27 October 2013

The plumber

Sometimes it seems that everything we do here gets undone, then redone. A couple of winters ago, we had a pipe burst in cold temperatures. as the pipes were under the tile bathroom floor, our only solution was to lift/ruin all of the tiles in order to lay new piping, then lay new tiles. Our continuing problem with crossed hot/cold water pipes has kept us busy for months trying to think of solutions. The plumber wants to find the source of the problem which could be anywhere and would require a complete excavation of the floors. We just want a shower. So we have had to think differently. This week, I sent a text to the plumber ("abbiamo un idea!"). When he arrived I explained that we wanted all of the water pipes to be set to cold and an extra instant gas hot water heater installed in the end of the house where all the wet rooms are. Then we would intercept one of the cold water pipes and direct it through the new instant gas hot water heater! Initially, his professionalism wouldn't allow him to accept the idea but eventually he could see that it was the most immediate and practical solution. While it will cost more initially, it will mean less work for our submersible pump, our filter system and our septic as we won't have to run so much water through the pipes waiting for it to get hot. So that's how he and Stu came to be kneeling on the bathroom floor and destroying our tiles (again) with a jackhammer, a cold chisel and a hammer in search of pipes to intercept...


The plumber

Our plumber seems to be our most frequent visitor. We have certainly had our fair share of water challenges here and he has been invaluable in helping us deal with them. He is a 30 or 40 something Italian who works at a frenetic pace and enjoys torturing us in our ignorance. When I text a water problem to him (I worry about phoning him in case my Italian fails me!), he instantly phones me back. You call this attention? I call it harrassment. When he arrives at our place, he calls out "Stoo-art!?" for no apparent reason other than to call Stu to panicked attention. After a few such "Stoo-arts!?", Stu skulks away to hide in his workshop, leaving me at the plumbers beck and call. And beck and call he does! "Caterina, aprire la doccia!", "Caterina, chiudere la vasca!", "Caterina...", "Caterina'...", "Caterina...". I run from pillar to post turning everything on and off, opening doors, closing doors, running up stairs, flying downstairs, holding his tools, reminding him where he left his tools, all the while trying to understand Italian plumber-talk. I am utterly trashed by the time the plumber leaves. I stand at the gate waving goodbye, legs trembling, shoulders drooping, head lolling under the weight of confused language. I feel like a crazy woman. It is usually then that Stu emerges from his workshop. "Stoo-art! Ciao!" yells the plumber on his way down the track.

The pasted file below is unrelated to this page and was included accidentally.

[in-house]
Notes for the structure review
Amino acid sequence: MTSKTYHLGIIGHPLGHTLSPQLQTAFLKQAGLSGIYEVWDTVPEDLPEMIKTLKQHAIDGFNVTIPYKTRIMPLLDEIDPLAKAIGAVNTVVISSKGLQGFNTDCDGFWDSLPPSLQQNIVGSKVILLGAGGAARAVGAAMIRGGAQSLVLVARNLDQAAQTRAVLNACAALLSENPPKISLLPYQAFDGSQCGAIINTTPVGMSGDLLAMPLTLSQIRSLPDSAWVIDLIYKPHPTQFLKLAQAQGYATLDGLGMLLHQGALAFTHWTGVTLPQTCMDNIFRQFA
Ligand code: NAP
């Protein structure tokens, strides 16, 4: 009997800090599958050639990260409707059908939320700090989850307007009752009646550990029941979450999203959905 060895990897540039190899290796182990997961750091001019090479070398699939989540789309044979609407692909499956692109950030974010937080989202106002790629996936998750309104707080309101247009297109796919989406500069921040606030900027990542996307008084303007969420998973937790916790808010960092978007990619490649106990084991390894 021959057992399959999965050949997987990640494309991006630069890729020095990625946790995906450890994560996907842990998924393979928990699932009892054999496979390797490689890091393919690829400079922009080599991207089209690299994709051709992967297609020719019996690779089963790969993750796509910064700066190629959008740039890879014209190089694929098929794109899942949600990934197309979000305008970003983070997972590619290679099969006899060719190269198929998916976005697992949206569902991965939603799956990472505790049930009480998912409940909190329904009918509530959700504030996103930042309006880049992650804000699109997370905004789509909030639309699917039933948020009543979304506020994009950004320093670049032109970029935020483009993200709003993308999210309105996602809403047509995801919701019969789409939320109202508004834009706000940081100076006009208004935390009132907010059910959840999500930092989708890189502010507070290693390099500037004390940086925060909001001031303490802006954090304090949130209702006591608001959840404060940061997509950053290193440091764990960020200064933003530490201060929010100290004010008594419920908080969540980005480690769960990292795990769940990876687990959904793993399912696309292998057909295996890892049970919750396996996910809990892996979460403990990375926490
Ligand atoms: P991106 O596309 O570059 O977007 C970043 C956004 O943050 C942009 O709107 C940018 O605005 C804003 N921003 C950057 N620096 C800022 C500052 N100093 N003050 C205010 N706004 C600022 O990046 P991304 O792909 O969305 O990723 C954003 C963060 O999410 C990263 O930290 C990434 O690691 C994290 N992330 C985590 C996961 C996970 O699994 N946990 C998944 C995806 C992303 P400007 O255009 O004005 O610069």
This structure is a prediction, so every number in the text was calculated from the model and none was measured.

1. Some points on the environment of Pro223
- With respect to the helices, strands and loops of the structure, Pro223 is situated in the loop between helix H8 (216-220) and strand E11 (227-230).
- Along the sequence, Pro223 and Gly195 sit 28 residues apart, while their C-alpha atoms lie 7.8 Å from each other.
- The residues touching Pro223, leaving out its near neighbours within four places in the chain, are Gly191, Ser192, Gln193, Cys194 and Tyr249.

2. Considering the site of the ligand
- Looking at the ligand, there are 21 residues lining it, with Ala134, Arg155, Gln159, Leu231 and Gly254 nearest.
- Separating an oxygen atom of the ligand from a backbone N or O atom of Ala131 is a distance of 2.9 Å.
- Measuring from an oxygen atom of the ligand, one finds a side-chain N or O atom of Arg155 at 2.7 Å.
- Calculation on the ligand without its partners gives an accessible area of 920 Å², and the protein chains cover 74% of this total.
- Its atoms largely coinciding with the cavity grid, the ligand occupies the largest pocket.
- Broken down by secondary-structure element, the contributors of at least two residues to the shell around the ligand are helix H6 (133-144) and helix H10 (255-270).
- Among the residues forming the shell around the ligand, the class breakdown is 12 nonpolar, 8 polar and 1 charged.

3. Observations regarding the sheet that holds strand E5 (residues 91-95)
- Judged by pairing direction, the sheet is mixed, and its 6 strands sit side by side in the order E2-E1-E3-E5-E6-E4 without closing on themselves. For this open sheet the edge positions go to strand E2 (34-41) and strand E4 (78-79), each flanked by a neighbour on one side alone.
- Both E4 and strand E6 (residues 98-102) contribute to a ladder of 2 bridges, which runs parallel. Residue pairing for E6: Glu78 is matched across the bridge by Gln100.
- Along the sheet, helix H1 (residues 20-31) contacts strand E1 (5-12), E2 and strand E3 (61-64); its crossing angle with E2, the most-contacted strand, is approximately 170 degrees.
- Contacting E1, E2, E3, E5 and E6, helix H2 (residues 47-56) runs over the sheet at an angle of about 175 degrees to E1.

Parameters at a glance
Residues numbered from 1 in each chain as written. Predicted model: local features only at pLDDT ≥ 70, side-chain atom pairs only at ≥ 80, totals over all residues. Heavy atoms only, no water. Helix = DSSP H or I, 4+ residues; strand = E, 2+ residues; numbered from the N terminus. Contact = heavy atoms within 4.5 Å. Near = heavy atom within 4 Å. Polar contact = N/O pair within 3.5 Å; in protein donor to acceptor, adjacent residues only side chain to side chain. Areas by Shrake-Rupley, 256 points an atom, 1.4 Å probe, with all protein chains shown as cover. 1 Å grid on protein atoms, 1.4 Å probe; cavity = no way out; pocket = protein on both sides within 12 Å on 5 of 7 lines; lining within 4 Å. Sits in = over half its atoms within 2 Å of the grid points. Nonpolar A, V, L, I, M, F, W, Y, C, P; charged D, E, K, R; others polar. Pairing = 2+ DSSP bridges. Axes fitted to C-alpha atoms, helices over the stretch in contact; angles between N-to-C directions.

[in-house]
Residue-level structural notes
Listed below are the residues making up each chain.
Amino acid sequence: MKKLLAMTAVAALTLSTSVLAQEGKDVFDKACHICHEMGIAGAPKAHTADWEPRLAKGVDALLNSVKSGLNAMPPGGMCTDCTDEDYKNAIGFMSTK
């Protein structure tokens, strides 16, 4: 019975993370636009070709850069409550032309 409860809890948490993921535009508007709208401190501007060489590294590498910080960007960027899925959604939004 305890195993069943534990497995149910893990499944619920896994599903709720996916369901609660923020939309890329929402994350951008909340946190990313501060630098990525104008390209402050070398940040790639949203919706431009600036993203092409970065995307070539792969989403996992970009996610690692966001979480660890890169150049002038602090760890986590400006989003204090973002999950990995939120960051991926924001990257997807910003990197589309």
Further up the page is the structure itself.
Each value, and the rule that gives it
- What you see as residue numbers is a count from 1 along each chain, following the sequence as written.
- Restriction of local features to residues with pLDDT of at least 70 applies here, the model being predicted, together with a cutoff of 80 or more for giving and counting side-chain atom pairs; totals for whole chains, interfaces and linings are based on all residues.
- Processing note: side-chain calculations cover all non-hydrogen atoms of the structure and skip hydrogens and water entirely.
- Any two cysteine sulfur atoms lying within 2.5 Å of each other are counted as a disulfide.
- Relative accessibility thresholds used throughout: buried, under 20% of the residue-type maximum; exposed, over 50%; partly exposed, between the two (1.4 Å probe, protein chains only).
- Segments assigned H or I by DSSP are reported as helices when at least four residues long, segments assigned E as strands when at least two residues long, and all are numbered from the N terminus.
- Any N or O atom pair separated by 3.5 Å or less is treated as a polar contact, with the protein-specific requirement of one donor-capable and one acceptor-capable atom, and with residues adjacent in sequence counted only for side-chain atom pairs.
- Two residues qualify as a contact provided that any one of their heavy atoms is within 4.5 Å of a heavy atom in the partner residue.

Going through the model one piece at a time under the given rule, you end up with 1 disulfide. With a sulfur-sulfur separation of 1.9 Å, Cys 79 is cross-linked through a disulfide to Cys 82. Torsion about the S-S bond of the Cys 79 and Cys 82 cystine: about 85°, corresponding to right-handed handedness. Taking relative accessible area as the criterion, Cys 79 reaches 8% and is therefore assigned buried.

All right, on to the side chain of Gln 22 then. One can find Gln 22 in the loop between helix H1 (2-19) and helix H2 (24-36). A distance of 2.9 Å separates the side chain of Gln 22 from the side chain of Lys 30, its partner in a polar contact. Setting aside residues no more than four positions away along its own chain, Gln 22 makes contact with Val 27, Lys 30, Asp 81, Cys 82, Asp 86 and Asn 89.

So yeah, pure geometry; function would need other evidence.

25 October 2013

A container of sunshine

On a cold, damp and wet day, our 20 foot shipping container of sunshine arrived. We received a phone call from the mobile crew an hour before they were expected and rushed down the driveway to meet them. Down the street we came across a group of four men beside a truck carrying a 20 foot shipping container which looked a lot like the one they had packed outside our apartment in Australia. There was also a smaller boxy truck which was no doubt the transfer vehicle. They asked us to take them up the drive so they could see the state of the road. I had told them in Australia that we would need a transfer vehicle...and I told this crew again. However, it seemed that their hopes rested on getting the actual container up there, no doubt to avoid double handling everything. So we drove back up the driveway with two removalists in the back seat. The silence coming from the rear of the car was relatively comforting until they started to say things like "brutto", "stretta" and "mamma mia"! So it was back out to the road where there was much talking and waving hands until finally I gleaned that even the transfer vehicle was unsuitable. Therein commenced a process whereby they held long conversations with a neighbour who lives at the end of our driveway and seems to have a transport business. Then there were more conversations with a vehicle hire company in Canelli. Eventually, half of the crew went in search of a small van that they had managed to hire, while the other half reversed the truck carrying the container up to the neighbour's loading ramp. After about 1.5 hours, the small van arrived and transfer commenced. They managed to complete one trip before the team went missing. For an hour, we waited at the house, minds swirling with thoughts of our container sitting raw and open at the mercy of locals while a coffee was taken. However, on their return they announced that they had been offloading the bike with the assistance of the forklift owned by the neighbour! We dashed down the driveway once again to see if the battery was flat. It was. Stu took the battery out and we drove it home to charge it. There followed three further loads before the crew said their farewells in the early afternoon. A few hours later, Stu and I again set off down the driveway with what we hoped was a charged battery. It was. By close of day, the container was empty, the motorbike was secure and our treasures were stacked high in the rustico, to be opened another day.

Postscript: The following day, we delivered a large tray of pastries from the local Pasticceria to our neighbour in thanks for his "pazienza e assistenza".



24 October 2013

Staying the same

After two weeks here, we are feeling more at home. This morning we made our first trip to the street market. It was exactly the same. Same stalls, same owners, same customers, same seasonal produce, same plaited onions. In contrast, our entire lives have been lived in a state of constant change. We have lived in 20 homes in 5 countries in 20 years. Now here we were, faced with a familiarity that we hadn't expected. There was something beautifully constant about it and it was in this warm glow of belonging that we left the street market and walked to our butcher. Here, our sense of continuity was suddenly destroyed. We learned that our lovely butcher had died a few months ago. He was an older man who treated his customers with kindness and dedication and the meat in his shop with pride and respect. Change has visited our town after all.